This paper discusses the research components of some of the articles selected. The first article discussed is the research article by Dinkel and Schmidt (2014) on the ‘Health education needs of incarcerated women.’ The sample selected was in the form of two groups of women housed in maximum or medium facility. Two focus groups were used for the study. 8 of these were housed in maximum security with ages between 25 and 51 years. The second group also had eight women that were housed in medium security and had ages between 22 and 46 years (Dinkel & Schmidt, 2014, p. 230).
The data collection process involved interviewing of the participants on the health education needs in their respective facilities. The focus group discussions were held in classrooms within the facilities. The sampling design utilized in this research was stratified. Furthermore, research participants were organized into groups where they shared information on their health education needs while in the facility. The instrument used in data collection was an interview tool. In the research, guiding questions were presented to the inmates while written field notes were also utilized.
The validity and reliability of an instrument are major determinants of the outcome of any research. In this study, the research tool used is reliable and effective and provides the researchers with an opportunity to collect primary information. Additionally, this tool is used in many research designs where the researchers obtain useful information. Finally, the researchers obtained consent for their study from the Institutional Review Board (IRB) (Dinkel & Schmidt, 2014, p. 230). They also obtained consent from the Department of Corrections.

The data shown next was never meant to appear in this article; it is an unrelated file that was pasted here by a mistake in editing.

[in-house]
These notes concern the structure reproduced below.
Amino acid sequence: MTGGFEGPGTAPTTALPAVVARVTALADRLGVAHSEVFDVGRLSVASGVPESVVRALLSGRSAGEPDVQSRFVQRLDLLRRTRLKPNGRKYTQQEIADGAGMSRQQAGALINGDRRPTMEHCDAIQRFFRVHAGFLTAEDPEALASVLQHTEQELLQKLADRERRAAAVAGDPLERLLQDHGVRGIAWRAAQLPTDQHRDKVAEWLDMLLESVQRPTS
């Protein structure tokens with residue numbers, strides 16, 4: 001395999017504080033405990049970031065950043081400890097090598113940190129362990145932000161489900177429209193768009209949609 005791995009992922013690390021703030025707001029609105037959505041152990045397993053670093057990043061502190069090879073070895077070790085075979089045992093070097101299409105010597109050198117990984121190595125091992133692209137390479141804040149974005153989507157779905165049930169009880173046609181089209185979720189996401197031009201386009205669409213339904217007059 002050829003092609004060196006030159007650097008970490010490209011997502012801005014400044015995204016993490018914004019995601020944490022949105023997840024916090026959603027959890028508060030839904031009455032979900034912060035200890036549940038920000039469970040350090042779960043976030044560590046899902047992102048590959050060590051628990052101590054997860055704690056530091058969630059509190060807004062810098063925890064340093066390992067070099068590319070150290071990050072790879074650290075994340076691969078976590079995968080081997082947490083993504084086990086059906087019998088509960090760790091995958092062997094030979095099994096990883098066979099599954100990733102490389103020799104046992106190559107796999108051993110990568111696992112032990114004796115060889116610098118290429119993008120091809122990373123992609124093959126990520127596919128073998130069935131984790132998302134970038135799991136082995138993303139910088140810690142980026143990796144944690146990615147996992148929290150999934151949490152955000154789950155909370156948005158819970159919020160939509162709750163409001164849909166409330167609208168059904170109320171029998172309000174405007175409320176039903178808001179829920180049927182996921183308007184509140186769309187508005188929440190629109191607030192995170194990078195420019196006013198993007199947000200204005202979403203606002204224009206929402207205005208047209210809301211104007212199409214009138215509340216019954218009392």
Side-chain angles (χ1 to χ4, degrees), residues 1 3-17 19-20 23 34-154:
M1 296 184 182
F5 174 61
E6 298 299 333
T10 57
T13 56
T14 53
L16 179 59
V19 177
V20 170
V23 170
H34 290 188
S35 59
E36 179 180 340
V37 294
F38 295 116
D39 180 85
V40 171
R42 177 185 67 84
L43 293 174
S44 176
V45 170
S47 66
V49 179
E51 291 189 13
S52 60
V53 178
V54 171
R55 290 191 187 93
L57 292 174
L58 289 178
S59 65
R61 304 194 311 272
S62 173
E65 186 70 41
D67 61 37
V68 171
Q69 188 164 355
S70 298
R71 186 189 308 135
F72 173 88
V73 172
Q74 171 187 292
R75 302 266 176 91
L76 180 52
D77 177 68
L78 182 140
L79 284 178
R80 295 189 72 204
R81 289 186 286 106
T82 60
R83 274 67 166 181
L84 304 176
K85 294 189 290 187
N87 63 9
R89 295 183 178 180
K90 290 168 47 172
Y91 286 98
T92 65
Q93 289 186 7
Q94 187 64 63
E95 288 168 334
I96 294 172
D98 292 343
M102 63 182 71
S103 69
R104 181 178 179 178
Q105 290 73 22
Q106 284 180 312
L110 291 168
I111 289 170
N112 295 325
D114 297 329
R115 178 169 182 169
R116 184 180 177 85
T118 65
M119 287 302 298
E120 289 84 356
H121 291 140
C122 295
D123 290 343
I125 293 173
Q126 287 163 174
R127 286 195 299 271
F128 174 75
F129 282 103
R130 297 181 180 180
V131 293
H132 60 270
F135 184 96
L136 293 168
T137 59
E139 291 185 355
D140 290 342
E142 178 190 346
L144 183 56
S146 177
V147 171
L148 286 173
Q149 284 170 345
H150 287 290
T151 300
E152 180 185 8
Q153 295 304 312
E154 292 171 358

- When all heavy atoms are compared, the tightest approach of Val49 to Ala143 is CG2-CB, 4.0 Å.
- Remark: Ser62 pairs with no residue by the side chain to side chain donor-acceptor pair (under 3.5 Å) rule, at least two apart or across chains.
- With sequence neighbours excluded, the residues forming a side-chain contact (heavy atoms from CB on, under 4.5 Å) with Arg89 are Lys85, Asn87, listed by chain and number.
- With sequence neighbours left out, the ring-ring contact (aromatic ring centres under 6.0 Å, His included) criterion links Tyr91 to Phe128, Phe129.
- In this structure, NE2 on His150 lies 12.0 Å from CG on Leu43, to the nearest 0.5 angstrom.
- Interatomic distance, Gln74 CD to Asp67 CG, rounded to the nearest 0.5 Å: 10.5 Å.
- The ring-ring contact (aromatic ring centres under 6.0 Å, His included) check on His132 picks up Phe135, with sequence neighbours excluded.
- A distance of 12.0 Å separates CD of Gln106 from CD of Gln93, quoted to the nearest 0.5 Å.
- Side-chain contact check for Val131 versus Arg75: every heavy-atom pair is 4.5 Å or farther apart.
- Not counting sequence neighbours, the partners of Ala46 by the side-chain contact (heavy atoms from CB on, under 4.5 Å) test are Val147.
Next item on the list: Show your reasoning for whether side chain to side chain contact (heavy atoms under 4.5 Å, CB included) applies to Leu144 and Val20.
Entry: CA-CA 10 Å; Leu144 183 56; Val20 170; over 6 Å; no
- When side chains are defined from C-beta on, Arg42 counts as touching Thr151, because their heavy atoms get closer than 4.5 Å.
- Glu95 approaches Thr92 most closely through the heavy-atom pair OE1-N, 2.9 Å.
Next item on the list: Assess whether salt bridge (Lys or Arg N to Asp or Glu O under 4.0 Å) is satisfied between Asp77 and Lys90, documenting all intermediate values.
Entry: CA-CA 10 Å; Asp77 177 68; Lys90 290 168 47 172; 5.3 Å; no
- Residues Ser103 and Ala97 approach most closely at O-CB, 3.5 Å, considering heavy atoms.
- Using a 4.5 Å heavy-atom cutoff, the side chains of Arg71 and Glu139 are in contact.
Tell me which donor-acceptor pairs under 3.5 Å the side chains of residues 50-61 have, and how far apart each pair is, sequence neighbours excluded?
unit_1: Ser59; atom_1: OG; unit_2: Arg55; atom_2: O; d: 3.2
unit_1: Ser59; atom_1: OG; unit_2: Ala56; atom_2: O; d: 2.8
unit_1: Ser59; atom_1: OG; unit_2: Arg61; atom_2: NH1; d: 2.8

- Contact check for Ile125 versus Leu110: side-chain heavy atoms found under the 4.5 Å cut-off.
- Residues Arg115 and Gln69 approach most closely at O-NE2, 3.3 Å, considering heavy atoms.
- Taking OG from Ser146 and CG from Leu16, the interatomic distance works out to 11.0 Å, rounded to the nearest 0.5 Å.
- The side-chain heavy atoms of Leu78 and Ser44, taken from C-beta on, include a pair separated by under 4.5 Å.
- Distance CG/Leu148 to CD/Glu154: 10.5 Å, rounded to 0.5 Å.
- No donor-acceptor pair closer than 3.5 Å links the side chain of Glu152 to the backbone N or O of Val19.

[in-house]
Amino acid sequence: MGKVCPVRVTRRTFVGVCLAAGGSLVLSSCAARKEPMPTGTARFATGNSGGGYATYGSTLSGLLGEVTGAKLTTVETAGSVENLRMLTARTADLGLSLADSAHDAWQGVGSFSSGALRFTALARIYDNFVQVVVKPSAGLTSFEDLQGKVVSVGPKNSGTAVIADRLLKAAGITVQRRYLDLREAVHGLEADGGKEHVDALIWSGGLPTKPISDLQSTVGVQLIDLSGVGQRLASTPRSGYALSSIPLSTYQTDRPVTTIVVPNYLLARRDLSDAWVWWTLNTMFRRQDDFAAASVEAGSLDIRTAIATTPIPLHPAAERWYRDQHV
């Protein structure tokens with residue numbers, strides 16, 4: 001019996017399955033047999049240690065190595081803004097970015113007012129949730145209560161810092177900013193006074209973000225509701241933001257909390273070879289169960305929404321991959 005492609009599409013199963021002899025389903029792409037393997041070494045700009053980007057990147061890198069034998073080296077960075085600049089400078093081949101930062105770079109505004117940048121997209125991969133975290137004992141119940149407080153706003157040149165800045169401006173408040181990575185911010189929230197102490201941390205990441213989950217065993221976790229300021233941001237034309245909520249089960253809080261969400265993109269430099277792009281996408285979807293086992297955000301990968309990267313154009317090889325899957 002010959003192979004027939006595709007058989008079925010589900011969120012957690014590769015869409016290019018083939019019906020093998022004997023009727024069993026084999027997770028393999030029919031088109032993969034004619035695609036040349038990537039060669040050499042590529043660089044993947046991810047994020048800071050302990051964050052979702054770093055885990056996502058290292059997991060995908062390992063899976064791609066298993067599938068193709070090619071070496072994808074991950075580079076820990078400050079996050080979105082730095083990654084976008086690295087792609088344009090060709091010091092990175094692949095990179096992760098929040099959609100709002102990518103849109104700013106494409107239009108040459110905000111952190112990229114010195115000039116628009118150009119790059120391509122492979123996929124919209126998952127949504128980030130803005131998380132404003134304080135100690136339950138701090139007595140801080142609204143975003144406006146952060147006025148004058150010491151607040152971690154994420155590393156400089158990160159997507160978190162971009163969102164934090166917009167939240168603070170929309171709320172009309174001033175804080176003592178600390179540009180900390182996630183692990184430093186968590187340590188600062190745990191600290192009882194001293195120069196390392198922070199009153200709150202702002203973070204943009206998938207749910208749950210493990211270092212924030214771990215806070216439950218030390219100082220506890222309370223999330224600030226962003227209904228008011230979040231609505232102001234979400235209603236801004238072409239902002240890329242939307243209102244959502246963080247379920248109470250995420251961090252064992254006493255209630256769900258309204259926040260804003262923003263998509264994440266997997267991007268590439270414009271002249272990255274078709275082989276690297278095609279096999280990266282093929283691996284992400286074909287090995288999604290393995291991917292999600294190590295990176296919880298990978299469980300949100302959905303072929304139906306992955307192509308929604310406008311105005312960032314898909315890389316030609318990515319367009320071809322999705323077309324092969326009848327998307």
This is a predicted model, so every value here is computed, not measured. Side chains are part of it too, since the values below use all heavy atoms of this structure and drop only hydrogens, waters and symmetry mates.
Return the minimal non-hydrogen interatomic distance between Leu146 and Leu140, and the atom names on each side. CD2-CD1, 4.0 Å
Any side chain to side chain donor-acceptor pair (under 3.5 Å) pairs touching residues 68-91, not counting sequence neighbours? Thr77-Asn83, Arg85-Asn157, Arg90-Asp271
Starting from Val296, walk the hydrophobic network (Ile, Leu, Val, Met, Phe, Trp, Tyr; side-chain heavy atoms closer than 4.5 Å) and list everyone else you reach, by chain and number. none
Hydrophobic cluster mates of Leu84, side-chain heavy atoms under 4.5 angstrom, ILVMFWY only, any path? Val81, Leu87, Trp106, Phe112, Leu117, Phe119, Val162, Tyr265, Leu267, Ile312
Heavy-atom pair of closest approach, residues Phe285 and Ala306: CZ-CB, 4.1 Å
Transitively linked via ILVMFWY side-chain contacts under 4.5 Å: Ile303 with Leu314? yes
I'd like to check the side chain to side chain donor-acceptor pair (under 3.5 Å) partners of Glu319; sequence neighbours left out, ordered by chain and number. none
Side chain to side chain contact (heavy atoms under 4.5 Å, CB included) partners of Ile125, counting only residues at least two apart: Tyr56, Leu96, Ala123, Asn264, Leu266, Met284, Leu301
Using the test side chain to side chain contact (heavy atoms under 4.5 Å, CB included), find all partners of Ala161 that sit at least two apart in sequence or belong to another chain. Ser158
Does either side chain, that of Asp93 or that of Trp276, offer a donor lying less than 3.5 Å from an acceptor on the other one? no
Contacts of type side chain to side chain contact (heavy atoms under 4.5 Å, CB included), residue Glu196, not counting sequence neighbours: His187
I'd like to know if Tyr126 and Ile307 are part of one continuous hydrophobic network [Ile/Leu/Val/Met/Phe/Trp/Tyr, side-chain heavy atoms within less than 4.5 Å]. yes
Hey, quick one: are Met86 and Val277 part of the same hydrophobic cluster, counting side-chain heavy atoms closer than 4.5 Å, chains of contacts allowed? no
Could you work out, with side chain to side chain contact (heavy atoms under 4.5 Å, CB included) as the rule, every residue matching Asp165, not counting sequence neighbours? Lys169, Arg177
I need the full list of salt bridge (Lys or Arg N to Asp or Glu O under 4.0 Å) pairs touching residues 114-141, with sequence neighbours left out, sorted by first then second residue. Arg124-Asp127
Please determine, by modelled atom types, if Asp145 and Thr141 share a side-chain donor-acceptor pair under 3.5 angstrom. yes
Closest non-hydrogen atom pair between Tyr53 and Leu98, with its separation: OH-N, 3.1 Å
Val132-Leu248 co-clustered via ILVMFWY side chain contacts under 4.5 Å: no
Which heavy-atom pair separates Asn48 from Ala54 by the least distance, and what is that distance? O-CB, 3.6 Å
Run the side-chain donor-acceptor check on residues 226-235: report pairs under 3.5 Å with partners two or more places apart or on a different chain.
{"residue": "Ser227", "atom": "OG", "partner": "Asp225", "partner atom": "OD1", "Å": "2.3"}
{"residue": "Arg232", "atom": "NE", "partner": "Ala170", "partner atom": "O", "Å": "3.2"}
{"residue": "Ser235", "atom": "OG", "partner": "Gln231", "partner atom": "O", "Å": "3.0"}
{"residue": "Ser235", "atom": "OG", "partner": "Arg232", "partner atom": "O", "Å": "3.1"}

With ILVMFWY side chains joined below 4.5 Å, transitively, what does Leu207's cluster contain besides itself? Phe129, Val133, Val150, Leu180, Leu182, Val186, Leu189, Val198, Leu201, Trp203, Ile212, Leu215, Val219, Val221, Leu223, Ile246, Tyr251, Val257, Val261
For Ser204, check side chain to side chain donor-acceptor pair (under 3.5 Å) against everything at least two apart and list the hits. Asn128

In the second article that was reviewed, the researchers examined the effects of spirituality, attitude, and purpose of life on organ donation. The sample utilized for the study was from Israel and consisted of 312 respondents (Bortz, Ashkenazi, & Melnikov, 2015, p. 25). The participants were 16 years or older, could understand Hebrew, and had constant access to the internet. The sample selection criterion used was convenience sampling (Bortz, Ashkenazi, & Melnikov, 2015, 27).
The data collection process included interviews that were conducted on the internet and through the use of interview documents. The respondents completed these questionnaires regarding their attitude, spirituality, and purpose of life. The questionnaires also contained information on organ donation and the demographic characteristics of these respondents (Bortz, Ashkenazi, & Melnikov, 2015, p. 27). The sampling design utilized in the study was convenient sampling where the participants required were selected based on their favorable characteristics.
The tool used in data collection in this study was similar to that of the previous study. Questionnaires were sent to the respondents. The results of the survey were analyzed and utilized to make the conclusions. The instrument used was valid and reliable. The researchers were able to collect information on the relationship between organ donation and other factors such as spirituality, attitude to life, and purpose of life (Bortz, Ashkenazi, & Melnikov, 2015). Additionally, this instrument allowed the researchers to make adequate conclusions on the research hypothesis. Finally, the researchers obtained consent for their study from the relevant authorities in their country and institution. In fact, they state that consent was obtained from the Tel Aviv University Ethics Committee (Bortz, Ashkenazi, & Melnikov, 2015, p. 27). This body is a replica of the IRB.
Bortz, A. P., Ashkenazi, T., & Melnikov, S. (2015). Spirituality as a Predictive Factor for Signing an Organ Donor Card. Journal of Nursing Scholarship, 25(1), 25.
Dinkel, S., & Schmidt, K. (2014). Health Education Needs of Incarcerated Women. Journal of Nursing Scholarship, 46(4), 229-234.